Festival of Books: Female writers talk 'mansplaining,' un-motherhood

Rebecca Solnit didn't invent the term "mansplaining." Nor does she necessarily appreciate the idea she gave birth to it. "I'm its aunt, anyway."

The question of neologistic genealogy came up during Sunday's panel, hosted by Times Books and Culture Editor Joy Press, who asked the San Francisco-based essayist and author of 17 books about the enduring power of her piece, "Men Explain Things to Me," also the title of her new book.


(Solnit said although the essay was probably her most widely read of all time, she was originally paid just $125 for it.)

Solnit was just one of what Press called the "most brilliant, thought-provoking and ornery women" at this past weekend's Los Angeles Times Festival of Books.

Also present was Times columnist Meghan Daum, similarly uninterested in the supposed powers or honor of mothering. She is the editor of "Selfish, Shallow and Self-Absorbed: Sixteen Writers on the Decision Not to Have Kids," as well as author of the new essay collection "The Unspeakable."

Meanwhile, CalArts professor, poet and nonfiction writer Maggie Nelson brought her own perspective to the idea of (and word) motherhood. Nelson's new book, "The Argonauts," is an exploration of having a child with a transgender partner, the artist Harry Dodge.

It embeds biographical material within layers of literary, gender and queer theory. The result is both a celebration of mothering and a complex and challenging investigation of just what and who we are and become when we create children.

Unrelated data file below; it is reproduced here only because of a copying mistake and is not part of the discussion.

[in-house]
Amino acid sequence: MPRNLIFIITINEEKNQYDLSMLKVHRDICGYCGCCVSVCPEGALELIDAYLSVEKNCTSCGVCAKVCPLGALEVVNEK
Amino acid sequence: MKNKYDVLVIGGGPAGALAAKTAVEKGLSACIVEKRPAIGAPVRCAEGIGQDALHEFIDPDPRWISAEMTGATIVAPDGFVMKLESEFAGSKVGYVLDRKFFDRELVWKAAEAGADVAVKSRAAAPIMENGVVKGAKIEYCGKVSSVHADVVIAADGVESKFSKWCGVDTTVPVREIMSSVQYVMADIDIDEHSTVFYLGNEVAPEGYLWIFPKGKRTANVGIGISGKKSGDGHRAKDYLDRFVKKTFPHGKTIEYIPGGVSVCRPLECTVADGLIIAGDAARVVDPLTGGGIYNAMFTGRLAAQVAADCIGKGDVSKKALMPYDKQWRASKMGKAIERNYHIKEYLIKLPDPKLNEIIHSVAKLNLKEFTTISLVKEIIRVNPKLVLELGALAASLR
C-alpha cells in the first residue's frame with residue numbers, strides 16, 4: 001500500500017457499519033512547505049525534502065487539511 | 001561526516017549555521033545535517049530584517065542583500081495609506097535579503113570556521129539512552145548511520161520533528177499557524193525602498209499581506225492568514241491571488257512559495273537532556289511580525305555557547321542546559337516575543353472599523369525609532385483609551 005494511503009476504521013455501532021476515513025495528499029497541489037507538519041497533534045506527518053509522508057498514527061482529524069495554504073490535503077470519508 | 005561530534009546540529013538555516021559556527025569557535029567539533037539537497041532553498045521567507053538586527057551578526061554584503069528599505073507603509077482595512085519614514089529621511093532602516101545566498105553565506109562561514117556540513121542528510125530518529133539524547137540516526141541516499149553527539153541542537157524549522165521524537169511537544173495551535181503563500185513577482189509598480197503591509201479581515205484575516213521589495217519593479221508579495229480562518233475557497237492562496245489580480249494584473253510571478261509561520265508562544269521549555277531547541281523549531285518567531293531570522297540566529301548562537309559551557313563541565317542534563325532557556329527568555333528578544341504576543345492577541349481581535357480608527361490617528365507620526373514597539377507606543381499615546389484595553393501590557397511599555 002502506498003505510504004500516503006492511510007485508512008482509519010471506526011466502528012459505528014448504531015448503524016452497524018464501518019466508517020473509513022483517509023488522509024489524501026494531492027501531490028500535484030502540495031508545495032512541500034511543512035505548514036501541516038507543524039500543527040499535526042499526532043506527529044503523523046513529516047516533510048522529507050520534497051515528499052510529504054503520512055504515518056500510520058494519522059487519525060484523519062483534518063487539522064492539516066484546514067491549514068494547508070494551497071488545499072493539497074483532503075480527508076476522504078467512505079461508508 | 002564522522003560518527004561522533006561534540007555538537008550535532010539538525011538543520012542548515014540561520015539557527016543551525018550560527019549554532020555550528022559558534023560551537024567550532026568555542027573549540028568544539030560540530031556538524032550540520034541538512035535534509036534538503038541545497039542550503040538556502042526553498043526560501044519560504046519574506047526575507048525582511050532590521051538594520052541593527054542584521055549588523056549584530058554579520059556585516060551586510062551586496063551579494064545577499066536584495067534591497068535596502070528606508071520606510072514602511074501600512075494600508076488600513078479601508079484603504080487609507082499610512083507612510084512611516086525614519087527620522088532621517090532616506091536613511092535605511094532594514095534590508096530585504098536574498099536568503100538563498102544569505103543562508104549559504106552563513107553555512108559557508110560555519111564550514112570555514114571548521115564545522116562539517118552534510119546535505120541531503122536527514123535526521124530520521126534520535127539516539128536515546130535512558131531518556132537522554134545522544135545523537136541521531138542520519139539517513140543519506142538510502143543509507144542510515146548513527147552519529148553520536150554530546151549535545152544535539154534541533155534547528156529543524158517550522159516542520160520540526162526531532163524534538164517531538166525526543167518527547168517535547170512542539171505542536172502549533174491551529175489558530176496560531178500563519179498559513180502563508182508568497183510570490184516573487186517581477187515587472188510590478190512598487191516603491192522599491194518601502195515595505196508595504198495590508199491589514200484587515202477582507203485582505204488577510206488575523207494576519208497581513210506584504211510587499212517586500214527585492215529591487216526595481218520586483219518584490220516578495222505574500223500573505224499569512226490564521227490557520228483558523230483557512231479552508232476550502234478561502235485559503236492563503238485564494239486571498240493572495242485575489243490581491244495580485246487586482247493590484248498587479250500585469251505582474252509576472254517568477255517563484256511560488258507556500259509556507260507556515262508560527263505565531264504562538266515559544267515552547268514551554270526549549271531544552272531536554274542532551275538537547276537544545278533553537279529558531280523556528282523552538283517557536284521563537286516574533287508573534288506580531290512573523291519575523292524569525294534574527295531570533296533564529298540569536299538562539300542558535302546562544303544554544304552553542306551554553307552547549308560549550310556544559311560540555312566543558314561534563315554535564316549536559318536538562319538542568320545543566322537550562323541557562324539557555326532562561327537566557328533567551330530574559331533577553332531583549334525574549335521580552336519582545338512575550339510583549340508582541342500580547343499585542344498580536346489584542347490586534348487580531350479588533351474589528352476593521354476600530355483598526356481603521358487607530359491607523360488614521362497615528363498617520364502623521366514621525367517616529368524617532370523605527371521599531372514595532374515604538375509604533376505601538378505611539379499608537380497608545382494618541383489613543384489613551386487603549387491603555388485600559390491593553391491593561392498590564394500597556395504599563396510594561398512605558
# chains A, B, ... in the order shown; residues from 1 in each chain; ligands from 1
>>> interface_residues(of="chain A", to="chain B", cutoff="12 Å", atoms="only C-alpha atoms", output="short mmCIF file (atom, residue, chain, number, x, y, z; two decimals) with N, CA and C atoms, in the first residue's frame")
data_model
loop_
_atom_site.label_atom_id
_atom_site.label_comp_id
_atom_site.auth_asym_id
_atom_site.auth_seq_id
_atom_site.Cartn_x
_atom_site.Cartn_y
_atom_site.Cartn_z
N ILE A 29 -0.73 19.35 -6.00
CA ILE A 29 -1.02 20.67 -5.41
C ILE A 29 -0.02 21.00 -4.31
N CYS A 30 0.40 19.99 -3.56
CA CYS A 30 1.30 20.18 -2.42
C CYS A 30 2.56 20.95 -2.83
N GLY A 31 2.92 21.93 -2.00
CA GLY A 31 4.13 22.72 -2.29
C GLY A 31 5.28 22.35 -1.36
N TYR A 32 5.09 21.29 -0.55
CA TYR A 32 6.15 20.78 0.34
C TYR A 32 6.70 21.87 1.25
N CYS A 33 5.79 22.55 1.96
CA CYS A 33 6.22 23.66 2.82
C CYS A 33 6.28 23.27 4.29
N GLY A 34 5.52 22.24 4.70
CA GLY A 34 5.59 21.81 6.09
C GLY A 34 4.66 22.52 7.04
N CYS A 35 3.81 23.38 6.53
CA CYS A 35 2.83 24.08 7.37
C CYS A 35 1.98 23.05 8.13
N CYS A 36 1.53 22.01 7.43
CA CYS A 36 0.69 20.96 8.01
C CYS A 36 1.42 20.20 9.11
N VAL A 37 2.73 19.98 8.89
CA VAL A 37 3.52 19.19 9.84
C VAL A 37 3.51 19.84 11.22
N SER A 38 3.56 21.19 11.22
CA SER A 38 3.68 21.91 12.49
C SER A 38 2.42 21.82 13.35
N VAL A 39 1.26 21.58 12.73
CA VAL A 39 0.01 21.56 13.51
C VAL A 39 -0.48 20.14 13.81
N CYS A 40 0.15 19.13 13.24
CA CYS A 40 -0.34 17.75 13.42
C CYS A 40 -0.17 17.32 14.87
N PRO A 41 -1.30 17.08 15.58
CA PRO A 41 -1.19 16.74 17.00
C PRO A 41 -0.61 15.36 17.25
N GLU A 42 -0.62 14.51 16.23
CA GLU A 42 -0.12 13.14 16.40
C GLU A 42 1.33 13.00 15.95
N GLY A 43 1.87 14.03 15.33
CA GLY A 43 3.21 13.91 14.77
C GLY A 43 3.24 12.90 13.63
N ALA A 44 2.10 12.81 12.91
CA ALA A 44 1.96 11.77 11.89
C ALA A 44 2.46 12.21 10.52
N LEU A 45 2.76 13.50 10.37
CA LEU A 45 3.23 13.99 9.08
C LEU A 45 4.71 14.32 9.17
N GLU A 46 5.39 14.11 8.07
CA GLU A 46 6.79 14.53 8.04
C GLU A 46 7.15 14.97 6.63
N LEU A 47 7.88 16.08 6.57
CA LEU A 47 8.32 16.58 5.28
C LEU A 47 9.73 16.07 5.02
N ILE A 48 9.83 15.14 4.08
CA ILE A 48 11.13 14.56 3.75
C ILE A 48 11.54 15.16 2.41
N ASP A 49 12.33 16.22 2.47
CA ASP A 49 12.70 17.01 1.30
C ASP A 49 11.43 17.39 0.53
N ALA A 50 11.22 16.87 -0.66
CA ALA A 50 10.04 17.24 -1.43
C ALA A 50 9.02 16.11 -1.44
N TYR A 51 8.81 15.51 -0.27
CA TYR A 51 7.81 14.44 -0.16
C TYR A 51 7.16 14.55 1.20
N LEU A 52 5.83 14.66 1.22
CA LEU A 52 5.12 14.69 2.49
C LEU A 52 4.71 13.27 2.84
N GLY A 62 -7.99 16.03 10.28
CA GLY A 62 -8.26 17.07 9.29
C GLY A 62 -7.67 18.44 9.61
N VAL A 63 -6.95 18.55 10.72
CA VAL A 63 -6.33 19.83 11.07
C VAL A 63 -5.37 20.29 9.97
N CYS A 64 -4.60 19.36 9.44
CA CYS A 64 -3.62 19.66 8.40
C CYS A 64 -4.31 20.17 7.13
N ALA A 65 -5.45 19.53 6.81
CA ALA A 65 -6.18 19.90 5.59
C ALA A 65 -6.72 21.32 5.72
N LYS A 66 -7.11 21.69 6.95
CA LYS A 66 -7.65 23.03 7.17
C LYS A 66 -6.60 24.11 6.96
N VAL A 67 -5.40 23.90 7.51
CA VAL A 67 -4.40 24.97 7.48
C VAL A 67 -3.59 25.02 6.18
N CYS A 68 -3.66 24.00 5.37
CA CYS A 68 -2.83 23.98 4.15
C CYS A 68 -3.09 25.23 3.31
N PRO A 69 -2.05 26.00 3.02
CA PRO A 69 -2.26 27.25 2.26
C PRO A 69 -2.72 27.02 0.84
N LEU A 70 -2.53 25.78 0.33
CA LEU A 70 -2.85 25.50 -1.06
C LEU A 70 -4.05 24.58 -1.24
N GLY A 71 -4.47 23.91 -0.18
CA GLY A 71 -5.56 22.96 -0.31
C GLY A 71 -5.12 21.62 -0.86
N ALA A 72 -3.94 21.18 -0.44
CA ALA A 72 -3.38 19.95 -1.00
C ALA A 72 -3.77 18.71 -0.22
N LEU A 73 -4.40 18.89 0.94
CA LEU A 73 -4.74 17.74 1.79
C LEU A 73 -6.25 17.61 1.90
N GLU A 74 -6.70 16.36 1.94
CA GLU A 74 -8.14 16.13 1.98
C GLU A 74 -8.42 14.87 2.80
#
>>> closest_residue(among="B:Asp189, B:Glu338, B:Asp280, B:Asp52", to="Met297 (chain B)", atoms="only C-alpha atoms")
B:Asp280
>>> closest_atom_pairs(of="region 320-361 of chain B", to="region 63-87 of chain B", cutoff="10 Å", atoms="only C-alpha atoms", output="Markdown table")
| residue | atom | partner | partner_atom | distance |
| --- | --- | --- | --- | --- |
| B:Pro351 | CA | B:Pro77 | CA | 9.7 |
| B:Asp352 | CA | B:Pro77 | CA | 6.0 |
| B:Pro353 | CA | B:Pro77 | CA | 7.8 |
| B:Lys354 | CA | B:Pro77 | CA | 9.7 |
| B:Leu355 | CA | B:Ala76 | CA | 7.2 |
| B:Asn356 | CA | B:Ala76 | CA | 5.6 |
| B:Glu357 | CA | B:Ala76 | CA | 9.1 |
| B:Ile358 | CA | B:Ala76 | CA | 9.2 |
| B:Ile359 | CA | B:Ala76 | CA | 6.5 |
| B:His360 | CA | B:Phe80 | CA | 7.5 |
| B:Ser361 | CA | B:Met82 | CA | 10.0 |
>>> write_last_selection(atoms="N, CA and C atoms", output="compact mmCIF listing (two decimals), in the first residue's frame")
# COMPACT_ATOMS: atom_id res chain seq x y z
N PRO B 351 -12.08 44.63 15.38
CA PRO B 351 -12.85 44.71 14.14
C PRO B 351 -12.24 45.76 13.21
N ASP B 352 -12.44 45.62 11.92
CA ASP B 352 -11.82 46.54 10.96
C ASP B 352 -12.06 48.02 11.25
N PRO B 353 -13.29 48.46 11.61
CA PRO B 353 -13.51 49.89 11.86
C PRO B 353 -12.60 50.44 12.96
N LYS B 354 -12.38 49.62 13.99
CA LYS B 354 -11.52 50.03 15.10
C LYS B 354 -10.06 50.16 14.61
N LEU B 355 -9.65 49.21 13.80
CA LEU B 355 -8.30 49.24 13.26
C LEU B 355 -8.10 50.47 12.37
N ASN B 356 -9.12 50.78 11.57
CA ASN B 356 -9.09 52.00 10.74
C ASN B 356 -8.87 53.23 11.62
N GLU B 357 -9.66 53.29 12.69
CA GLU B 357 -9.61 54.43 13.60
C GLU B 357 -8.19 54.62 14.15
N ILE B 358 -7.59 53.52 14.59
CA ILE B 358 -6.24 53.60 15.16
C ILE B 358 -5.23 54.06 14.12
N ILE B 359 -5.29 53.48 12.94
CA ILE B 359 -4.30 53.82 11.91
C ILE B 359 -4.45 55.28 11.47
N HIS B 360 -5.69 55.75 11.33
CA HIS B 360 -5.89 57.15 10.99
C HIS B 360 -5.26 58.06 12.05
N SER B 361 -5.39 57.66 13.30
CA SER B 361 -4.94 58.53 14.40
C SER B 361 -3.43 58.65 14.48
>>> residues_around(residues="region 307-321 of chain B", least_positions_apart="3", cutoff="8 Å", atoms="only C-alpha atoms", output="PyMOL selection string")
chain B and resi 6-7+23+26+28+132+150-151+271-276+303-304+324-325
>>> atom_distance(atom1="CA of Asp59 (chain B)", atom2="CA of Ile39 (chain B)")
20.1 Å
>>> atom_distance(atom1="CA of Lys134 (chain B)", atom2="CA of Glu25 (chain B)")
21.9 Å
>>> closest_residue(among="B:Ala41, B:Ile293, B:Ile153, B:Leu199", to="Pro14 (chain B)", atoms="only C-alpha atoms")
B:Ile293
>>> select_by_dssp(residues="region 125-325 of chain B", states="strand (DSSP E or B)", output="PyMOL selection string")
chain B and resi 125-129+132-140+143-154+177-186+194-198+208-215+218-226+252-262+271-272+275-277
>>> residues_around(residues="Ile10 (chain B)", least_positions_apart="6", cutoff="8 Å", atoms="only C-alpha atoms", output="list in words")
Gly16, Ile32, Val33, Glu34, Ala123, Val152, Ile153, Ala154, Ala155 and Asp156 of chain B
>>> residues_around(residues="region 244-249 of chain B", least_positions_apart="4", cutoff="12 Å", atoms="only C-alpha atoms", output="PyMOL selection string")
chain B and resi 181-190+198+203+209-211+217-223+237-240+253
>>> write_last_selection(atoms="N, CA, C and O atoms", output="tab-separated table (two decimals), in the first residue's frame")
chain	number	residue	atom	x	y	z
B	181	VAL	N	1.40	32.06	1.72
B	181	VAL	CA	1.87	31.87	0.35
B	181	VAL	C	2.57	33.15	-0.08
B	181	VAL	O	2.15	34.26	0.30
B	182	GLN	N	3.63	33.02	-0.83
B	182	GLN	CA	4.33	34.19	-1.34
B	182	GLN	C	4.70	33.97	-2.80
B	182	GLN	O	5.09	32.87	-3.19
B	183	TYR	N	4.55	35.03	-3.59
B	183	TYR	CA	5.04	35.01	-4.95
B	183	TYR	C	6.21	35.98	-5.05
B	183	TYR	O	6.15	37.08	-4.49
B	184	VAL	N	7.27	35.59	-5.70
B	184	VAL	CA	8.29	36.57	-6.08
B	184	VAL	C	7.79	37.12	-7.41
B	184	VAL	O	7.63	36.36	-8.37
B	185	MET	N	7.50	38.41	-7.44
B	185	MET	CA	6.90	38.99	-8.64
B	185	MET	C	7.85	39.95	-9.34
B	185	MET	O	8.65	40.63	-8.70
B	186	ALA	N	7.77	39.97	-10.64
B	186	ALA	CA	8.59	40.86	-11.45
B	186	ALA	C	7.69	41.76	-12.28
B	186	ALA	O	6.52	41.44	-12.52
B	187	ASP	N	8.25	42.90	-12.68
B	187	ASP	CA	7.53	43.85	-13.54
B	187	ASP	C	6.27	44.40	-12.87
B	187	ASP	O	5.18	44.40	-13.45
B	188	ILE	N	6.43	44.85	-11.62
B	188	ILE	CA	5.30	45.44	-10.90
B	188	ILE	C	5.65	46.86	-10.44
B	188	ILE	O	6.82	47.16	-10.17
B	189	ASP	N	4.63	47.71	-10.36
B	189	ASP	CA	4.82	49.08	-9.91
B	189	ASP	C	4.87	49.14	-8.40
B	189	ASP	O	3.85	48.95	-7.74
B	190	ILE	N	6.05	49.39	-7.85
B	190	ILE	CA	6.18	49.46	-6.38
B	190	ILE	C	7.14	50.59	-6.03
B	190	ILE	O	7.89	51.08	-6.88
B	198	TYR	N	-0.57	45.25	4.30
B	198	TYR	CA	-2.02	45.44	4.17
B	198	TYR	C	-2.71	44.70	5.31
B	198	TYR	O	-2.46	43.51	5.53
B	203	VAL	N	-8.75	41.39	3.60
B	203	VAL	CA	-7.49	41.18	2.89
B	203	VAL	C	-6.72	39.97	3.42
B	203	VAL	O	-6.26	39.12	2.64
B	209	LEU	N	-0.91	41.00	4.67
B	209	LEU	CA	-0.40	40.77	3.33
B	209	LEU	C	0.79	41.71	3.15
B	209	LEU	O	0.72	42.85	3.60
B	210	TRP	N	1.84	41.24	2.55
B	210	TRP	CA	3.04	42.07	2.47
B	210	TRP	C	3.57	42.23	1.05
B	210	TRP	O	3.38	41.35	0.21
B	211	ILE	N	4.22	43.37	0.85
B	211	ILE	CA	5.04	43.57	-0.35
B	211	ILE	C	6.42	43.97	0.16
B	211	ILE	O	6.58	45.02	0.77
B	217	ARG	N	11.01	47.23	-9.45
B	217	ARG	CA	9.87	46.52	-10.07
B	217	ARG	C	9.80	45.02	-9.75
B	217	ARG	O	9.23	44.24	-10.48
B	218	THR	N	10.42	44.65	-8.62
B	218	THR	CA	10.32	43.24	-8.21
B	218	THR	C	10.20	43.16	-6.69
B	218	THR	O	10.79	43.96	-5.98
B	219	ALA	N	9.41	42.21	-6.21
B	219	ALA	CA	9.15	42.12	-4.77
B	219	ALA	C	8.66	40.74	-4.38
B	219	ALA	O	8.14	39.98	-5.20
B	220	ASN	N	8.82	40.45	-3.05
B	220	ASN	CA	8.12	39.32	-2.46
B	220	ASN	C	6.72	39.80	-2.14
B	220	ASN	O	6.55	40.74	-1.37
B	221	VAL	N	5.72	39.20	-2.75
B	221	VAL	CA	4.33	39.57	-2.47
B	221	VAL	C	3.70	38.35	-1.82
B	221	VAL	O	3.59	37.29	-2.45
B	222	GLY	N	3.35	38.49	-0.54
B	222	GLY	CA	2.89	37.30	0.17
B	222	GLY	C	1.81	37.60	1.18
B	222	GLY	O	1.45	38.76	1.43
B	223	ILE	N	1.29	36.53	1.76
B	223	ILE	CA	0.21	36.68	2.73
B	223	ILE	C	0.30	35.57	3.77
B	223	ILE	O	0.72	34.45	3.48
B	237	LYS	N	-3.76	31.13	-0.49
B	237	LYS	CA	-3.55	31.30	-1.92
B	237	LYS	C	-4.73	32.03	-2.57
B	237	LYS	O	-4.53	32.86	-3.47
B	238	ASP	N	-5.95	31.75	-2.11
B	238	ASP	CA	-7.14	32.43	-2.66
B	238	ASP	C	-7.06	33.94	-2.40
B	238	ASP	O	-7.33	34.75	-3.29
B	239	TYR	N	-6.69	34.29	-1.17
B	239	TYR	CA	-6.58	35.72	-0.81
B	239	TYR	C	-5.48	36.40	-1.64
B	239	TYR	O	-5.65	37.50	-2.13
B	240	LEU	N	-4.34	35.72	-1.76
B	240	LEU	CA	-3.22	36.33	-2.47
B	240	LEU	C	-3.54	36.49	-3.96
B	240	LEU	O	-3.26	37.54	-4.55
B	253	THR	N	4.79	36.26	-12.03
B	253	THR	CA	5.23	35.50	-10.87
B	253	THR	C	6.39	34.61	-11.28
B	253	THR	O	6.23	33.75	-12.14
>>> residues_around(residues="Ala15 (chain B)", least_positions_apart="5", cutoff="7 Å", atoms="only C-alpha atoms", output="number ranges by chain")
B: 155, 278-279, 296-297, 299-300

On this issue of (pro)creation, Press asked the panel how much of themselves they put into their books, and if there were there lines they wouldn't cross?

Nelson recalled this Herve Guibert line: "In writing I am always both the scientist and the rat he slits open to do his research."

"It's never about hurting people's feelings," Nelson said. "The negotiation is between the drawing room of your mind and the culture you're a part of."

The women all had different experiences when their work began to resonate with a larger public. "If you have an opinion about gender or Obama, that's where your mostly likely to be attacked, vilified, crucified," Solnit said. "It's easier to write about orgasms than about Obama." Everyone laughed.

But the stakes can be high, Solnit cautioned.

"Twitter has done nothing to stop being the world's greatest means to deliver rape and death threats to women," Solnit said, explaining why she's never tried the social platform, except to confirm that two to three people each day link to her mansplaining essay.

What none of the women writers backed away from was a belief in the power of what they could accomplish on the page — whether it meant making strangers angry or colleagues ruffled.

"No one will love you until someone hates you," Daum said.



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